He concurred with the prosecution’s assertion that “love, obsession, extortion, and blackmail” had a role in this case.
He said: “The prosecution were also right to categorise this case as cold-blooded murder.
“TikTok and Instagram are at the heart of this case, Mahek Bukhari being a social media influencer.
“That is the reason you, Mahek, dropped out of university. Had you not done so, you would now be a young graduate with your whole life ahead of you. Now, you constrain yourself to prison for all of your best years.
“It was the reason you, Ansreen Bukhari, became your daughter’s chaperone. It was the reason your head was turned towards the perceived glamour of promotions, shisha bar openings and the like – a world far removed from the life you lived until then as a mother and housewife.
“You fell for the advances of Saqib Hussain and you began your affair. It was an affair you came to regret and decided to end.
“That decision led to the deaths of Saqib Hussain and Mohammed Hashim Ijazuddin.
“Saqib Hussain was blackmailing you. He was volatile but I am quite sure, had you had a mature approach to ending your affair, he would have come to terms with it.
“Mohammed Hashim Ijazuddin was totally innocent in all of this. All he did was agree to give his friend a lift and he found himself sucked into a deadly maelstrom caused by all of you in the dock.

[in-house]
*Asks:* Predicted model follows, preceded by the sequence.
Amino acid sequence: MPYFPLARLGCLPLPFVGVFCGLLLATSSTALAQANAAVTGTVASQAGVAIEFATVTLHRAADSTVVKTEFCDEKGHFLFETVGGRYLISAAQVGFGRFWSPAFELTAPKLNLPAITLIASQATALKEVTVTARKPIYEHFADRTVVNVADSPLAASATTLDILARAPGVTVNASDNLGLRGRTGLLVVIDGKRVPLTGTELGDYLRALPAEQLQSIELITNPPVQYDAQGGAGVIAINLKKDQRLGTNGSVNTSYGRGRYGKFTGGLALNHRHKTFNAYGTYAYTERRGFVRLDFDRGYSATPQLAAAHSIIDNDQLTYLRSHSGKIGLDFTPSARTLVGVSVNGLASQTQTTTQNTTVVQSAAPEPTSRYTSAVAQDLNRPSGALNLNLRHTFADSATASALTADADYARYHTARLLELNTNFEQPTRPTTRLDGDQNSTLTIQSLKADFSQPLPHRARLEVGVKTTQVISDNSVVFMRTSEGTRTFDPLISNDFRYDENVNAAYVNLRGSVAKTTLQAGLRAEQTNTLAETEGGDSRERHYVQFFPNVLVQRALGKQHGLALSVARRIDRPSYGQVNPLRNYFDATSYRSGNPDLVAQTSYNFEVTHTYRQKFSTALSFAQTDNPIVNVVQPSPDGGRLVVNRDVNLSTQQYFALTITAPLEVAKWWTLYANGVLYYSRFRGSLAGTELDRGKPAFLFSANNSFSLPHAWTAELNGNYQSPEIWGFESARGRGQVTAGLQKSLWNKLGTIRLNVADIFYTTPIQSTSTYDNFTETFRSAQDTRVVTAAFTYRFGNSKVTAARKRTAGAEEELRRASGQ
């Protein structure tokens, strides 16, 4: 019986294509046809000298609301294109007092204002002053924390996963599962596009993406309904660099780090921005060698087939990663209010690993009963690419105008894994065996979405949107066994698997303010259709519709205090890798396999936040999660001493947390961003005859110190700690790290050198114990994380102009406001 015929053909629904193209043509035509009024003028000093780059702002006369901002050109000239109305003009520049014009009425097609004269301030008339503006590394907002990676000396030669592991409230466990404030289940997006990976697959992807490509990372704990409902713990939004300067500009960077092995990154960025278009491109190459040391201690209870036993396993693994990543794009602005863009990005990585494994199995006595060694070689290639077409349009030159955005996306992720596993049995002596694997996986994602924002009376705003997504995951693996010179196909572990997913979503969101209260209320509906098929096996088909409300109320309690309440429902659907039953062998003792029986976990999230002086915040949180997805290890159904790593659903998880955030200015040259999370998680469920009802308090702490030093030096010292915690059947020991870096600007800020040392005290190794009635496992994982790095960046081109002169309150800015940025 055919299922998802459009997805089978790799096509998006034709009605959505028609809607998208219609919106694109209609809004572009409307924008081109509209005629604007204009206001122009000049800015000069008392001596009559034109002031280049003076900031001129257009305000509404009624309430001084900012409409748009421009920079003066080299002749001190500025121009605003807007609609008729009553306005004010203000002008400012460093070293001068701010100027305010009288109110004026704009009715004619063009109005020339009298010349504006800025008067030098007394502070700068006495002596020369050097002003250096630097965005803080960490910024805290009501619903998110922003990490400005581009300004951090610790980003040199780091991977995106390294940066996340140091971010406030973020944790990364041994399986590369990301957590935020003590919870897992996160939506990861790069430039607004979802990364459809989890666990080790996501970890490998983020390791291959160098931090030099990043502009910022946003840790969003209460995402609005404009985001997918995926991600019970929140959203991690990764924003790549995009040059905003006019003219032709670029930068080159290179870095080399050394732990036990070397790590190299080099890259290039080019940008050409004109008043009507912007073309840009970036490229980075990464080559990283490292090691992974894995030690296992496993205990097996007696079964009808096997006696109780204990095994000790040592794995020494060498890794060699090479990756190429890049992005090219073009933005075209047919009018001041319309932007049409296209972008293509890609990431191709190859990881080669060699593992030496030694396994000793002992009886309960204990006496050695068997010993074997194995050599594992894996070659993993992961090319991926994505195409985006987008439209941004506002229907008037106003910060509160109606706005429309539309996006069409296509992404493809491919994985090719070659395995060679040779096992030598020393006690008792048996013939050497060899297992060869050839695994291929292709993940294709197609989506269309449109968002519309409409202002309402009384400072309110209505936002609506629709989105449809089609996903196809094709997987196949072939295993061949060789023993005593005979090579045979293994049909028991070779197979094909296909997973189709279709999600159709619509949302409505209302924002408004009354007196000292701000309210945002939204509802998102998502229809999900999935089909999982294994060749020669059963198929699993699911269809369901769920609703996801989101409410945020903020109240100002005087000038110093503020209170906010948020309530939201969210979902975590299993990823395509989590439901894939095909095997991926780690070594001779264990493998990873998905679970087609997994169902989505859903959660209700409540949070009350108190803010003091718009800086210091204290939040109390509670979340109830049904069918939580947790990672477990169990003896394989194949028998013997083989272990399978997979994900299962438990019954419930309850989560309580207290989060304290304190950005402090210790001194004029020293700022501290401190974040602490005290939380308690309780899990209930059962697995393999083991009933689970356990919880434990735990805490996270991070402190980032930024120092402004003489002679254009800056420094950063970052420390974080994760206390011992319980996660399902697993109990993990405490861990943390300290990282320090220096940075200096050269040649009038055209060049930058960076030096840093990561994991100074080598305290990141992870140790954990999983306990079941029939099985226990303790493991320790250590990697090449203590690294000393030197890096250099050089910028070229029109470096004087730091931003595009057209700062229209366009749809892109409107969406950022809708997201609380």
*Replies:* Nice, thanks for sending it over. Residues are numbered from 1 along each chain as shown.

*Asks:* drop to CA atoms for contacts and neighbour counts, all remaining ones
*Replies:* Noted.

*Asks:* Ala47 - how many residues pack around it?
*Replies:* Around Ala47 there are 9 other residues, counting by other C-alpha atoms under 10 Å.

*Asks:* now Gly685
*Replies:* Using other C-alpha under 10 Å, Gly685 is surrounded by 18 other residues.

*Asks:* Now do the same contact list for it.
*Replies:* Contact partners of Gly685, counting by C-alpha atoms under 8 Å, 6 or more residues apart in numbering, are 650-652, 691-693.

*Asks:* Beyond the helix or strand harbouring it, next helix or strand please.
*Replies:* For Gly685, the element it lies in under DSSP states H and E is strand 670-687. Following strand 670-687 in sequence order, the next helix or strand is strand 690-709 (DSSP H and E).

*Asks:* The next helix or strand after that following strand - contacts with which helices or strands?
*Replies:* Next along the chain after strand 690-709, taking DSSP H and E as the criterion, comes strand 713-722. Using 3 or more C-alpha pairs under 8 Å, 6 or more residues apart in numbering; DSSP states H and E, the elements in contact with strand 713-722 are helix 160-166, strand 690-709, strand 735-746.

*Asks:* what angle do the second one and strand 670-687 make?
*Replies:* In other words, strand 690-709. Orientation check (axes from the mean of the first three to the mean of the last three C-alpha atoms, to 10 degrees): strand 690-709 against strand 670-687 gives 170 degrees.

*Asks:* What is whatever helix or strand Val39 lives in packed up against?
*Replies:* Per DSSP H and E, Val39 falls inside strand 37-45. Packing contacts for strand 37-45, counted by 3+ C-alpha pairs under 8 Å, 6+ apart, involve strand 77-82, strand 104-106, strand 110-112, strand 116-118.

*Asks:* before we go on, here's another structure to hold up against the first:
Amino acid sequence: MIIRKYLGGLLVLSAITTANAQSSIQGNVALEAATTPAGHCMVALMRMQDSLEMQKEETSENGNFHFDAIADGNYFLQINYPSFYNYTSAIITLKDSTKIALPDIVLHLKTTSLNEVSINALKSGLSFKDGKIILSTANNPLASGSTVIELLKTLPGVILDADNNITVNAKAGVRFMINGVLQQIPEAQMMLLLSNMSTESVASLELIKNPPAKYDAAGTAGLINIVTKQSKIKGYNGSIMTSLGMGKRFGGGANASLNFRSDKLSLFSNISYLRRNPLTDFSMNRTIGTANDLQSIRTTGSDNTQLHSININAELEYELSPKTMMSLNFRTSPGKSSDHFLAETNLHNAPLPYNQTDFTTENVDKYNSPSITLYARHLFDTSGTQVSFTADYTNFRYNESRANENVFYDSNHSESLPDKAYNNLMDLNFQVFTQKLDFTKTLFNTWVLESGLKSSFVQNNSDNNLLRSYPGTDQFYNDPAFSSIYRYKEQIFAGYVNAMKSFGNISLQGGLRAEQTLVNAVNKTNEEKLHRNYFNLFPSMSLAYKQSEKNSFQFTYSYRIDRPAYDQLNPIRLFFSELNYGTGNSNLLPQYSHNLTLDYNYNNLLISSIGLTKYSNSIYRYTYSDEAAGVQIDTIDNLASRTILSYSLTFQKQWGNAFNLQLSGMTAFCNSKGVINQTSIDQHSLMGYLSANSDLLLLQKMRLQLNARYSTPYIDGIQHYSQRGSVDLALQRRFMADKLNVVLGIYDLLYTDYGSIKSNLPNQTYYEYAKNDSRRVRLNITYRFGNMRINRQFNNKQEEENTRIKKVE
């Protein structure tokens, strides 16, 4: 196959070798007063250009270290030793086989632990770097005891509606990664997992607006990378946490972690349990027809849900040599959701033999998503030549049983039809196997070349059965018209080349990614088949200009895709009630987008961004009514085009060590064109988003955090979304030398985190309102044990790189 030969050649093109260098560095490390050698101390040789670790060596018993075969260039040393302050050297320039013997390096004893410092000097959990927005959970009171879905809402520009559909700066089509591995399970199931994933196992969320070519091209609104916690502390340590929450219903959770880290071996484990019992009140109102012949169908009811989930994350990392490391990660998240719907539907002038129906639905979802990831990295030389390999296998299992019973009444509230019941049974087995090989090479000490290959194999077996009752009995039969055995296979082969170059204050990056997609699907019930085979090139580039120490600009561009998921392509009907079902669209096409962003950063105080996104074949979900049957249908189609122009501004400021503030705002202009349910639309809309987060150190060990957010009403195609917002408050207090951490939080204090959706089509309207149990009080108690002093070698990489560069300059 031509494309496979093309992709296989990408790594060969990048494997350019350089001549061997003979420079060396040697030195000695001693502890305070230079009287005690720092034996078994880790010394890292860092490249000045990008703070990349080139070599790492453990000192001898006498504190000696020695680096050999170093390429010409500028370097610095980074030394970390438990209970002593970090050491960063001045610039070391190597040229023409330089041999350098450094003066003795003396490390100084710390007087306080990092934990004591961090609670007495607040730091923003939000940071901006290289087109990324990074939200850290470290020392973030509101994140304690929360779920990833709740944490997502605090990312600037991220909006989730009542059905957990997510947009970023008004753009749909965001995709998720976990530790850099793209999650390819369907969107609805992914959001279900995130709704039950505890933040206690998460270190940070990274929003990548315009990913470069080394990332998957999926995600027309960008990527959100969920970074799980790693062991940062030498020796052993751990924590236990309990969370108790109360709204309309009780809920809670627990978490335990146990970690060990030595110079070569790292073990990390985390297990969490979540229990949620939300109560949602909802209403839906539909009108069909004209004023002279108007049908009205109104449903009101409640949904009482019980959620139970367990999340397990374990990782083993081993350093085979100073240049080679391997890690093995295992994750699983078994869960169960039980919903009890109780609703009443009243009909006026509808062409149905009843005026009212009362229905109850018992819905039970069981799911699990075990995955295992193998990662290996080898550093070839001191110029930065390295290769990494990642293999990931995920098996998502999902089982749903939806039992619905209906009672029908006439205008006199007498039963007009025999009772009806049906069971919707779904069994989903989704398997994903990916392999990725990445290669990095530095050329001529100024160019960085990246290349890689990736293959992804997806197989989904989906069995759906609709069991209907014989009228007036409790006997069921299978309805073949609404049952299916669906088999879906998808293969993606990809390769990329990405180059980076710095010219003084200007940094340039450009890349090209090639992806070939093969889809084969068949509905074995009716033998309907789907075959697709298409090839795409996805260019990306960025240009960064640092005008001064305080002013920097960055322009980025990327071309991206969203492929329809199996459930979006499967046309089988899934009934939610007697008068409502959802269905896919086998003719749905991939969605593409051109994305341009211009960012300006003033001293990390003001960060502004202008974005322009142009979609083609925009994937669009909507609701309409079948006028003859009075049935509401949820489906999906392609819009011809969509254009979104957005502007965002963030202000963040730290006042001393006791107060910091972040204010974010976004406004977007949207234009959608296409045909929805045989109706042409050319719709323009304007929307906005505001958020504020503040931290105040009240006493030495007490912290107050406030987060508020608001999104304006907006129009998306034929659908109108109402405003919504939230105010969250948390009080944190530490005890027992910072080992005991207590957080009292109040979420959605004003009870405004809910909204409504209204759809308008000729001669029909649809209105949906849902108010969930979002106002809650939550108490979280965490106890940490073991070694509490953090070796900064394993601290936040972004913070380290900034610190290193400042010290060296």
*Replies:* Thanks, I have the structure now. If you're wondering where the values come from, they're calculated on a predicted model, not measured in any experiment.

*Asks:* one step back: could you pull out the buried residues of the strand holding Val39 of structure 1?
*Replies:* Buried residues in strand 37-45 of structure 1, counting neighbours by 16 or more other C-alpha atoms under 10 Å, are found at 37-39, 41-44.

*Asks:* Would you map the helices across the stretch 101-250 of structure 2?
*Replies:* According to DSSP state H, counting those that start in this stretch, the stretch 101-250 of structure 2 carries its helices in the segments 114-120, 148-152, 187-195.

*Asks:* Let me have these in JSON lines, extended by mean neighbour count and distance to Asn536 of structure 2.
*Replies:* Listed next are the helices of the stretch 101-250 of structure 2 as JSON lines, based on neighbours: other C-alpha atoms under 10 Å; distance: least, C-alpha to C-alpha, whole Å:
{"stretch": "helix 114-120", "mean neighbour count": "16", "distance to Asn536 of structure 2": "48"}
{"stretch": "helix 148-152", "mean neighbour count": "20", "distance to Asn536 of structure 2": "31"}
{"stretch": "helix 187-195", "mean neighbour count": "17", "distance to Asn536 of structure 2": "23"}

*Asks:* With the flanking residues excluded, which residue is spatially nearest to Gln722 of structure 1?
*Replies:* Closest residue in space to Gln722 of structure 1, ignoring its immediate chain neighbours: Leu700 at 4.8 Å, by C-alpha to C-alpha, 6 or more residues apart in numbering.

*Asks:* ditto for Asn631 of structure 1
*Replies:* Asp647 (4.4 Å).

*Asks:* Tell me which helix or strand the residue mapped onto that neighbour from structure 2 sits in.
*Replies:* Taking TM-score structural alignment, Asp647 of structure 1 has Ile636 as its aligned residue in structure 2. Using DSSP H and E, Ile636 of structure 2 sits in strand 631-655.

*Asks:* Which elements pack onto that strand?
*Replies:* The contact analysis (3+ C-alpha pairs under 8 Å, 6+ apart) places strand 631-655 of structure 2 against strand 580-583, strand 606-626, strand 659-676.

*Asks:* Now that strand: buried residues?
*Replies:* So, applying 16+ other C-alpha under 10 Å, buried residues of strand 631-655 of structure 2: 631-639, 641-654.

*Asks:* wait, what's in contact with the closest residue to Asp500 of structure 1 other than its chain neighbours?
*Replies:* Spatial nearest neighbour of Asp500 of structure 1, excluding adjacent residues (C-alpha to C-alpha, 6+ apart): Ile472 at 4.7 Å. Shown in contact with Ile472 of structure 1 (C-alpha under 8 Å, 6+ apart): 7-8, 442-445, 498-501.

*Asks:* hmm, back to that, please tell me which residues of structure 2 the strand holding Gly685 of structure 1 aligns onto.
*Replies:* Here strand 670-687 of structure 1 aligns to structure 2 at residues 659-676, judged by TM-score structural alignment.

“By January 2022, you, Ansreen Bukhari, put matters into the hands of your daughter – what a calamitous decision.
“You, Mahek Bukhari, approached Rekhan Karwan as a go-between and you, Rekhan Karwan, brought in Raees Jamal. You both knew much more of the situation than you let on to the jury about the Bukhari troubles.
“There never was any money for Saqib Hussain at the meeting – it was a lie to lure him to this city.
“Ansreen Bukhari, you the grown up adult in the group should have behaved like the grown up adult, but you allowed your understandable concerns about exposure to strip yourself of any rational judgment.
“There were so many instances when you could have put a stop to this unfolding tragedy but at every turn you made the wrong choice and allowed out of control events to escalate ever more alarmingly.
“Mahek Bukhari, that your solution to your mothers problems was to engage some of your male followers to beat up Saqib Hussain – ‘jump him’ as you put it – speaks volumes of your warped values and maybe also of the false world of influencing that you so enthusiastically espoused.”
Judge Spencer addressed every defendant present in the courtroom, claiming that each one was only concerned with “saving your own skin” as opposed to showing any compassion for the victims in the aftermath of the collision.
He said: “Each has done all you can to try to avoid responsibility and to seek to explain away the evidence.
“So whilst remorse is expressed by some it is little and late and has a hollow ring. The jury saw through your lies.”